'A timely and necessary book. It explodes the myth of war's inevitability.' Martin Bell, OBE, journalist and former Independent MP
Is war ever a just way to resolve conflict? Diana Francis argues that it is not. With passion and eloquence, she mounts a head-on challenge to the belief that war as an institution is either necessary or effective for good.
Refuting the notion that human nature condemns us to perpetual carnage, she argues that we can change the ways we think and the systems we live by. In a tightly reasoned discussion of the ethics of war and peace she asserts that war is a gross denial of the core values on which peace depends, and that the Just War Theory has failed and deceived us.
The book explores alternative ways of confronting aggression and injustice, showing that these are neglected but well proven. Francis argues that our security can be enhanced by recognition of our shared responsibility for each other and our planet. Practial solutions require a new level of participation in public affairs. Recent events have shown that this is possible. Francis outlines the steps we must take to bring about the radical shift so urgently needed.
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About the Author
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Where Are We?
The time is out of joint.
William Shakespeare, Hamlet
EVENTS AND REALITIES
I write at a time of great turbulence and distress. It could be argued that no time has ever been otherwise, yet the first years of the third millennium do seem to have witnessed an extraordinary coming together of crises and exceptional displays of human ineptitude and brutality. In the last 15 years the cruel proxy wars and global tensions of the Cold War have been replaced by wars of secession, states on the verge of collapse, terrible regional wars for power and economic gain and control and inter-ethnic and sectarian violence of terrible ferocity.
At the same time we have been confronted with the full reality of the uncontested military and economic dominance of the US which has long had military bases in over 40 countries (including several in Britain) and now has them in every oil-producing and oil-distributing country in the world. The expression 'unipolar world' not only suggests the out-of-jointness of this state of affairs, but indicates a world view in which the reality of life beyond the shores of the US is scarcely recognised. This disregard is evidenced by the US refusal to be brought into the Kyoto climate change agreement or to recognise the jurisdiction of the International Criminal Court.
The events of 11 September 2001 came as a very great shock but perhaps, with hindsight, they should not have done. A world in which a wealthy elite in one nation (albeit in collusion with wealthy elites elsewhere) seeks to gain 'full spectrum dominance' – to control the entire planet and its resources (and even outer space) – is unlikely to be a safe or sustainable one. While the power of control may seem to be concentrated in a few hands, the desire for it is far more widely distributed and the resentment generated by attempted monopoly is infinite.
We are witnessing intensified polarisation between the West and 'the rest', one that is increasingly (however inaccurately) seen in terms of a confrontation between historic Christendom and the world of Islam. The notion and language of identity, particularly 'ethnic', 'cultural' and 'religious', now dominate discussion about conflict and justice. (I have put these terms in quotation marks because the concepts they represent are all – in my view rightly – contested.)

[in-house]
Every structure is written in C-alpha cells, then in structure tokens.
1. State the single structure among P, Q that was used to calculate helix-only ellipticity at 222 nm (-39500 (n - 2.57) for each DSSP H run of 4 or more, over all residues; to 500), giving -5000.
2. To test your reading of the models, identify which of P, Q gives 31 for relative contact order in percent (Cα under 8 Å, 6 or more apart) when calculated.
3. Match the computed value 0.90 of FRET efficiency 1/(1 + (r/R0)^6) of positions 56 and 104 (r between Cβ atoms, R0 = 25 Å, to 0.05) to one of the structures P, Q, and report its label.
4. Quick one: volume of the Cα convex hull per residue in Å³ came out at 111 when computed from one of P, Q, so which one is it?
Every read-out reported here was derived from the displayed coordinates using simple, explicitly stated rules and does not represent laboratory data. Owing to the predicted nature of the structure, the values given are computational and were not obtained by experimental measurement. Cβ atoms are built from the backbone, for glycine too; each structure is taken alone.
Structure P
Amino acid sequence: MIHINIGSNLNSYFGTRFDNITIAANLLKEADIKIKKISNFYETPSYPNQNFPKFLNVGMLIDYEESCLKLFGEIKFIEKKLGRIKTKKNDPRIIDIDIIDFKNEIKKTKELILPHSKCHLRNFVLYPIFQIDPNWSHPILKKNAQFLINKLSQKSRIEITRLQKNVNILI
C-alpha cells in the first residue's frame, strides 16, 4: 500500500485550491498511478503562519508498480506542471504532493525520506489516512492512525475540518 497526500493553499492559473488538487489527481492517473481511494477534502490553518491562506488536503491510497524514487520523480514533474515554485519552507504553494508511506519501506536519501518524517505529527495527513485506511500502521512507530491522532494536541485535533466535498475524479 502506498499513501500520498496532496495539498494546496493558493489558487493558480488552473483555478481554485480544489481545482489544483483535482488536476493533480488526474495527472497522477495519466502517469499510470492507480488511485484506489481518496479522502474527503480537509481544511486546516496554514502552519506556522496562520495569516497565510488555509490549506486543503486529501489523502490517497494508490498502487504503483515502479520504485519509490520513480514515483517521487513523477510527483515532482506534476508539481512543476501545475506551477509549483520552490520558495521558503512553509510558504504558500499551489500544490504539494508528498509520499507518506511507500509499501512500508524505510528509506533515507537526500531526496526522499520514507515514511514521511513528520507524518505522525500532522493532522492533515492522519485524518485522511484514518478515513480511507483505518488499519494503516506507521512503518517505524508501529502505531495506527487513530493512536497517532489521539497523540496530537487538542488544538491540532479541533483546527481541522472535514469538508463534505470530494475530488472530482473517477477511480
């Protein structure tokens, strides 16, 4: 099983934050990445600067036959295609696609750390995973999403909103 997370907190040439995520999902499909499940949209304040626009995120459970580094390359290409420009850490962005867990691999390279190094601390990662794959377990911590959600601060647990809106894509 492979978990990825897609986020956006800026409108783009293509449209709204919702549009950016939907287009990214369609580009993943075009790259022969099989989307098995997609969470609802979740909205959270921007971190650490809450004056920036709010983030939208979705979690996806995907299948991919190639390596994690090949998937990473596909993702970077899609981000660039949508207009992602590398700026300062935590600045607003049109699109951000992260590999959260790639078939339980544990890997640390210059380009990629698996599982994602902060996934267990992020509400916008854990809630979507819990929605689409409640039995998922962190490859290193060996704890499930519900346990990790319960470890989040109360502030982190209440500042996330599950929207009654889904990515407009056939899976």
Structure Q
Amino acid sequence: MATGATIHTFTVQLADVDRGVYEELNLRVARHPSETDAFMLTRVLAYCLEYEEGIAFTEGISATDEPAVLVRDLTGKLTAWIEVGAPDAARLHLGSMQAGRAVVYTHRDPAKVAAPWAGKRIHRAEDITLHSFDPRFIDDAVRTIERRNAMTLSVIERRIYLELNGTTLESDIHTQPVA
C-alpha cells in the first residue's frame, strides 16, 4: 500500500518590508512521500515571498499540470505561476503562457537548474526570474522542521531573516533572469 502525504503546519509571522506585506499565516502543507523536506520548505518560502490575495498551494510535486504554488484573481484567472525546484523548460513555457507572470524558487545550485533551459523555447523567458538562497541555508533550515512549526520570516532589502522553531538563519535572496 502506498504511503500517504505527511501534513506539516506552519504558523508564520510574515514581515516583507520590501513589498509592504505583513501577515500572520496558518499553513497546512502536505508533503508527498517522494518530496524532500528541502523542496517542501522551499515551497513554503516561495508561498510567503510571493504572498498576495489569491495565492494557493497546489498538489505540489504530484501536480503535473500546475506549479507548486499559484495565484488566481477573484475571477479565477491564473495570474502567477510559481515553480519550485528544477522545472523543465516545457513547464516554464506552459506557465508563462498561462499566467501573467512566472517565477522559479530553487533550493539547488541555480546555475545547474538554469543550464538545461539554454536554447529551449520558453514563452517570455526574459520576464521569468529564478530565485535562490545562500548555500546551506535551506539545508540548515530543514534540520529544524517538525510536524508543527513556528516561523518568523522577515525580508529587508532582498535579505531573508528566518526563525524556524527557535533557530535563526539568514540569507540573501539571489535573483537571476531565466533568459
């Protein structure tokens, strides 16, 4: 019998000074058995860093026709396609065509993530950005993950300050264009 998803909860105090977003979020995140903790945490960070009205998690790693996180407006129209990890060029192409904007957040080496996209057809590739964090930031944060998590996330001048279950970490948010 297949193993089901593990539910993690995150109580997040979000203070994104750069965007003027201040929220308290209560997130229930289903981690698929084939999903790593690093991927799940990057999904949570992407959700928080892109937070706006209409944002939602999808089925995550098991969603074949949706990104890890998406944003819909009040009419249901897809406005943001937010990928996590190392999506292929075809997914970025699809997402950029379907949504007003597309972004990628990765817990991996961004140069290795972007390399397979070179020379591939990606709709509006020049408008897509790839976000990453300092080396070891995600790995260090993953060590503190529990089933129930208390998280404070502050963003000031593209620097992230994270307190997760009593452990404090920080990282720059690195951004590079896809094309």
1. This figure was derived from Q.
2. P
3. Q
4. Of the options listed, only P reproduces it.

There were over 100 million war-related deaths in the twentieth century. In its last year, 110,000 people died in armed conflict. Despite all legal conventions, civilians are the main casualties in modern warfare. In a world in which the possibility of man-made catastrophe seems ever more imminent, those who live in the rich world are increasingly 'risk averse' and the major military powers resort more and more to the kind of war-fighting that minimises losses among their own forces. It is as if war and death should no longer be associated. To this end the human 'enemy' is made more and more invisible in that knowledge of the numbers of their casualties is withheld.
At the same time, those who fight against overwhelming military odds are becoming ever more willing to face certain death in their bid to inflict damage. Once more civilians are the main casualties, and, even more importantly, the notion of military security loses its meaning. It is clear that a war is no answer to 'terror'. Moreover, the idea that war is terror is gaining ground.
I believe that the phenomenon of 'suicide bombing' brings into relief another fundamental reality: that material concerns do not hold the dominant position in the motivational hierarchy that modernists would argue. It would appear that feelings of affronted dignity and values can generate greater hatred than simple want or insecurity and that beliefs play a powerful role in motivating action. This is relevant not only to the consideration of war but also to any project for its abolition.
In the last two years, we have seen the supreme irony of countries that have spent the last five decades and more developing and accumulating ever more devastating weapons of mass destruction using any attempt by others to develop such weapons as a justification for unbridled military aggression. The only state on earth to have used nuclear weapons – one that has bombed 27 countries (some of them more than once) since World War II, and covertly attacked many more – has seen fit to designate a collection of weak countries as a threat to the world's security.